Hardline Islamists have taken control in Iran, nuclear negotiations with Tehran have stalled, the Saudis and Israelis are restless, and talk of military action against Iran is rising. Such is the price the world is paying for the Trump administration’s criminal incompetence.
Remember the halcyon days when Donald Trump proclaimed himself the world’s master negotiator but was easily played by foreign interlocutors? He tore up the Joint Comprehensive Plan of Action limiting Tehran’s nuclear activities and insisted that "maximum pressure" would soon bring Iran’s mullahs crawling to Washington begging for sanctions relief. Secretary of State Mike Pompeo gave a gloriously imperious speech setting forth surrender terms, a dozen conditions that would have turned Tehran into a vassal state.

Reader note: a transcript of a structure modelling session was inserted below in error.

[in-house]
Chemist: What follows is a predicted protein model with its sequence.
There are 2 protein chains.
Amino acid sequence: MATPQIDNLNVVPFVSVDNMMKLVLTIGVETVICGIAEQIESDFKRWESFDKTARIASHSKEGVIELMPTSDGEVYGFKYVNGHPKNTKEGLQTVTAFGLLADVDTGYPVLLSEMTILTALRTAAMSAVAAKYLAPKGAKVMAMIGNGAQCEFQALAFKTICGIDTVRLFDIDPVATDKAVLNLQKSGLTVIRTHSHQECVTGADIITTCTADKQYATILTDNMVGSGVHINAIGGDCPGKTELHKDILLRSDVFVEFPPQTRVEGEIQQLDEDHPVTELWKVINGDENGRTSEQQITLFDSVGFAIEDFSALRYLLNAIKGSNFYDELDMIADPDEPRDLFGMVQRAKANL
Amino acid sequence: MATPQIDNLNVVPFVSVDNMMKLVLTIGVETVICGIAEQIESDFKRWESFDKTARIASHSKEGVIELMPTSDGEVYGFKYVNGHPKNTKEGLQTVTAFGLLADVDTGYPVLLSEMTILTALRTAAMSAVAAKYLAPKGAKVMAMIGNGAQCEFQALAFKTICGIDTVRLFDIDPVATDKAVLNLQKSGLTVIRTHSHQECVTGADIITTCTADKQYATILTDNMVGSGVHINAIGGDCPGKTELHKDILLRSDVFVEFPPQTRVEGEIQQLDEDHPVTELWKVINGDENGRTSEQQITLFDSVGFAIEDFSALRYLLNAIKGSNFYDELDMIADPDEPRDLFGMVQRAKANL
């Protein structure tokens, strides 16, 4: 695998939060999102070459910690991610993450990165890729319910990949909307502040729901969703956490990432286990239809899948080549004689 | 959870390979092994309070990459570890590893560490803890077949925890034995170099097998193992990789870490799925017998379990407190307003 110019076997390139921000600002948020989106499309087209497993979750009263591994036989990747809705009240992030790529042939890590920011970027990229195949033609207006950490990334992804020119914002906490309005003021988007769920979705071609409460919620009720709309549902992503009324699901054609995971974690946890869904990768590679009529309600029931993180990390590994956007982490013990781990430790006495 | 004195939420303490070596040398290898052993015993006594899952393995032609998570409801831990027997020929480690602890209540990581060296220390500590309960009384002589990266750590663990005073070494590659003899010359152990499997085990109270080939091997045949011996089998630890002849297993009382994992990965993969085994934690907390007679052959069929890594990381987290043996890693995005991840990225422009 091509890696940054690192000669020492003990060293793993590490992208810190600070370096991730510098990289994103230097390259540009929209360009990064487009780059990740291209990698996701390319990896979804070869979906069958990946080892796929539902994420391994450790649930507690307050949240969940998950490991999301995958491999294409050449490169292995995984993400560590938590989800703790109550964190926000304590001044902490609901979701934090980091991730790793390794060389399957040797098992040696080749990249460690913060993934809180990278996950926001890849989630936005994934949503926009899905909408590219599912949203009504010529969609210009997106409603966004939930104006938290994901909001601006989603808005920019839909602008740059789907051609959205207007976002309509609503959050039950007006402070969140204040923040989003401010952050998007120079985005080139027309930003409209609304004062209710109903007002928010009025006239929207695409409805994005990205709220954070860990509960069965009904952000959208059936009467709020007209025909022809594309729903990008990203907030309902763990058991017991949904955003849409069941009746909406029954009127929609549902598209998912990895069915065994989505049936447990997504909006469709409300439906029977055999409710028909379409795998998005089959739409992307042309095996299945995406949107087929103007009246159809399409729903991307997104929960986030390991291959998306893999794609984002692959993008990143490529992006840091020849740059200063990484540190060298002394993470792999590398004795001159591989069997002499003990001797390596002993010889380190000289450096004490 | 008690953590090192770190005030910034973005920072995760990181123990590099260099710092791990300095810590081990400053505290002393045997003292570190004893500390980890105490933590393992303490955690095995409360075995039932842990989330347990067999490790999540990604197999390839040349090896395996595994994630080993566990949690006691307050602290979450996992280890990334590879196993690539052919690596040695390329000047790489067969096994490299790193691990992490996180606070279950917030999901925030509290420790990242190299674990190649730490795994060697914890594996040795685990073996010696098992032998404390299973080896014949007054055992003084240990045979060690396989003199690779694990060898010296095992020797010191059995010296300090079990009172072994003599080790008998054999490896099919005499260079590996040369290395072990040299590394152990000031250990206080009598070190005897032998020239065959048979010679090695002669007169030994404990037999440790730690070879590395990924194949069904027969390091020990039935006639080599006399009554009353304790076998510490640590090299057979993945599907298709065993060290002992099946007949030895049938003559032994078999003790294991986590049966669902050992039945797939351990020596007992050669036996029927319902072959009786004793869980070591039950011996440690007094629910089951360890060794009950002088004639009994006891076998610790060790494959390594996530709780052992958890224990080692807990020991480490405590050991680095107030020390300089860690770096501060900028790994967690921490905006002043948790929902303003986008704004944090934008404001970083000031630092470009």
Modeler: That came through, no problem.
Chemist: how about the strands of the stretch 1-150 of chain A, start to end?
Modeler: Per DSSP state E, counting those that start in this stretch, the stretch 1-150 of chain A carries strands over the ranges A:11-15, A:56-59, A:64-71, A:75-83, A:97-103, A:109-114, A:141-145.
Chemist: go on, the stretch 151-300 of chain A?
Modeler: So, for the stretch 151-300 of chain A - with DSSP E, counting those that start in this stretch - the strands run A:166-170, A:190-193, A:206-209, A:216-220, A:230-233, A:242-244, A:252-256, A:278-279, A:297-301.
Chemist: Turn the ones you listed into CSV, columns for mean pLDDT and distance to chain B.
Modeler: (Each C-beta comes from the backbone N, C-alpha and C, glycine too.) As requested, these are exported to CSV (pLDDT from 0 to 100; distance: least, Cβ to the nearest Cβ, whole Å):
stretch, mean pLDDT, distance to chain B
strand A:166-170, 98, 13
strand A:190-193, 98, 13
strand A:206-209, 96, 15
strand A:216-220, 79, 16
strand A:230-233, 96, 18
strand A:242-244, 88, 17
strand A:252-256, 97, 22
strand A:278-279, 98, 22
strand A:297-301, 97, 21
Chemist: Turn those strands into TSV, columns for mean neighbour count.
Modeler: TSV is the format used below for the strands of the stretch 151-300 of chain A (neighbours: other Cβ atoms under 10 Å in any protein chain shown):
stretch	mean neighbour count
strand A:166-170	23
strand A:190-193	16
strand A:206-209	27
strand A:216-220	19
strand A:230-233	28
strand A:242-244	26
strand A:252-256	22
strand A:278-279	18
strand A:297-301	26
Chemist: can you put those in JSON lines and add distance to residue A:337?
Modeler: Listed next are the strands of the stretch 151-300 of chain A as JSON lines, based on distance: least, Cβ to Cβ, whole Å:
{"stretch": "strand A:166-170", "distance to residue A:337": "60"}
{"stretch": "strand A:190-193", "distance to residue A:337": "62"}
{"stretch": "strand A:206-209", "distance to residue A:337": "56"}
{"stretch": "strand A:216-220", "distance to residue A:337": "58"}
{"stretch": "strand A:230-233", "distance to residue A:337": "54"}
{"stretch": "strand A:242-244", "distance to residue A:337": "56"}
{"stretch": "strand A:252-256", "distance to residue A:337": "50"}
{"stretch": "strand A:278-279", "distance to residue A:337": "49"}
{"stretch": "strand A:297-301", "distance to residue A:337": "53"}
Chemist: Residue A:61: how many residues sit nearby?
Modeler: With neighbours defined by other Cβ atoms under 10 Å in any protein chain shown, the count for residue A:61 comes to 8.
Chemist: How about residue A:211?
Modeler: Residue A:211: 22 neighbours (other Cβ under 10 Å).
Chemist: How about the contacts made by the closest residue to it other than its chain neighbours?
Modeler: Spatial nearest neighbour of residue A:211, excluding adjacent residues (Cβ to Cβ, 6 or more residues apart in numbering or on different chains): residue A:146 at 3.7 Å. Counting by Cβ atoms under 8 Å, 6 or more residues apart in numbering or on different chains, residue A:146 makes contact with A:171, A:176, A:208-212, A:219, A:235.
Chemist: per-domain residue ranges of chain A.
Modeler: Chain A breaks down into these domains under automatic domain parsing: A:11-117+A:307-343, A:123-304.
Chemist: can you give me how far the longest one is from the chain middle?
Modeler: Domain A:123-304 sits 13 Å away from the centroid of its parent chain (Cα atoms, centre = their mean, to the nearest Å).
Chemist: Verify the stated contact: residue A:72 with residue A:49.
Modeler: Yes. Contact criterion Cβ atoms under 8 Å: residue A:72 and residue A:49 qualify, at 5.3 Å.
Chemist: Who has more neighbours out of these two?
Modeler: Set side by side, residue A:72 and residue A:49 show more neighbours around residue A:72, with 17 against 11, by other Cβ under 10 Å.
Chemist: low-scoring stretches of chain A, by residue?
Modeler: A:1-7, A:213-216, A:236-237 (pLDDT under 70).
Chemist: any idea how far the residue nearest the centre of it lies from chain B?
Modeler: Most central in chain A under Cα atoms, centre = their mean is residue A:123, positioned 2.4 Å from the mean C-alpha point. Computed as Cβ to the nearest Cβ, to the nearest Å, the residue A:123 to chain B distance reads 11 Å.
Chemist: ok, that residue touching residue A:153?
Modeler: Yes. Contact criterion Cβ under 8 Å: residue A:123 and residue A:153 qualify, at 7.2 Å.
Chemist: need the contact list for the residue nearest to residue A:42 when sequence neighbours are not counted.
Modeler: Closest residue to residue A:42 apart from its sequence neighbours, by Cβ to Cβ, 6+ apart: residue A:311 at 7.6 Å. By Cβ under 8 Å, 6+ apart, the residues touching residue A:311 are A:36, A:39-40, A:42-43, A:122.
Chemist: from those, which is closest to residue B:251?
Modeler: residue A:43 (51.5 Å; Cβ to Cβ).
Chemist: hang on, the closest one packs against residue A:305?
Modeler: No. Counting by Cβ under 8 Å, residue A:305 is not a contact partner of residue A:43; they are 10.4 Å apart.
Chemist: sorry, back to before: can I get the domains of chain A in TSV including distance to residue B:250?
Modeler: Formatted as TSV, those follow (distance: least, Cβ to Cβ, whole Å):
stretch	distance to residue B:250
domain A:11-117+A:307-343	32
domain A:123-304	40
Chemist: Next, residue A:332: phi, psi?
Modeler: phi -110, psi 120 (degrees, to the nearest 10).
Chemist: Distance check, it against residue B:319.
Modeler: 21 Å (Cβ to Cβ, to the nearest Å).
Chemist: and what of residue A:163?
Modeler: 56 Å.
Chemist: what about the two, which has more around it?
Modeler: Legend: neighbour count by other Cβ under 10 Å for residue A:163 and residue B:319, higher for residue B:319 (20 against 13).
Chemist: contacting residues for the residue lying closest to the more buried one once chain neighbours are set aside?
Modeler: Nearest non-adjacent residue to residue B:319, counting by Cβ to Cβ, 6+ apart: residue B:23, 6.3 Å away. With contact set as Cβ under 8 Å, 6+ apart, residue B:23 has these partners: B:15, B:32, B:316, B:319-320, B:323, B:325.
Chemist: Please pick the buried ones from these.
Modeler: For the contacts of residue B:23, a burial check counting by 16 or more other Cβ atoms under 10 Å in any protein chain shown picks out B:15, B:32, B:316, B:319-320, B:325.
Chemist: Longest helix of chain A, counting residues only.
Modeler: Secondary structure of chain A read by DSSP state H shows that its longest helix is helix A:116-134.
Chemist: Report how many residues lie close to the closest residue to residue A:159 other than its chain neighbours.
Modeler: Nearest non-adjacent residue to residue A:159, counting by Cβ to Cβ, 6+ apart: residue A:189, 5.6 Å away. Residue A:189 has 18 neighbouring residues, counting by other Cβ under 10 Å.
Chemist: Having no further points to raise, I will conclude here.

Then came Iranian interference with Gulf oil traffic. Continued Iranian support for Lebanon’s Hezbollah, Yemen’s Houthis, Syria’s Assad government, and Iraq’s Shia militias. Missile attacks by the latter groups on U.S. bases and the US embassy in Iraq. Devastating strikes on Saudi Arabia’s oil facilities. Rapid nuclear developments despite Israeli assaults on Iranian personnel and facilities. Election of a hardline parliament and president. And rejection of Trump’s increasingly pitiful pleas – the diplomatic equivalent of begging – for Tehran to please, pretty please, negotiate.
As his term waned Trump was still predicting that sanctions would force the mullahs to sign surrender documents. Yet Iran’s hardliners, angered, emboldened, and empowered, refused to even answer him. Iranian-related threats against America’s Baghdad embassy left a humiliated Pompeo wailing that he might have to close the facility, a striking sign of US weakness rather than strength. The administration’s performance was pitiful, leaving both America’s reputation and security much diminished.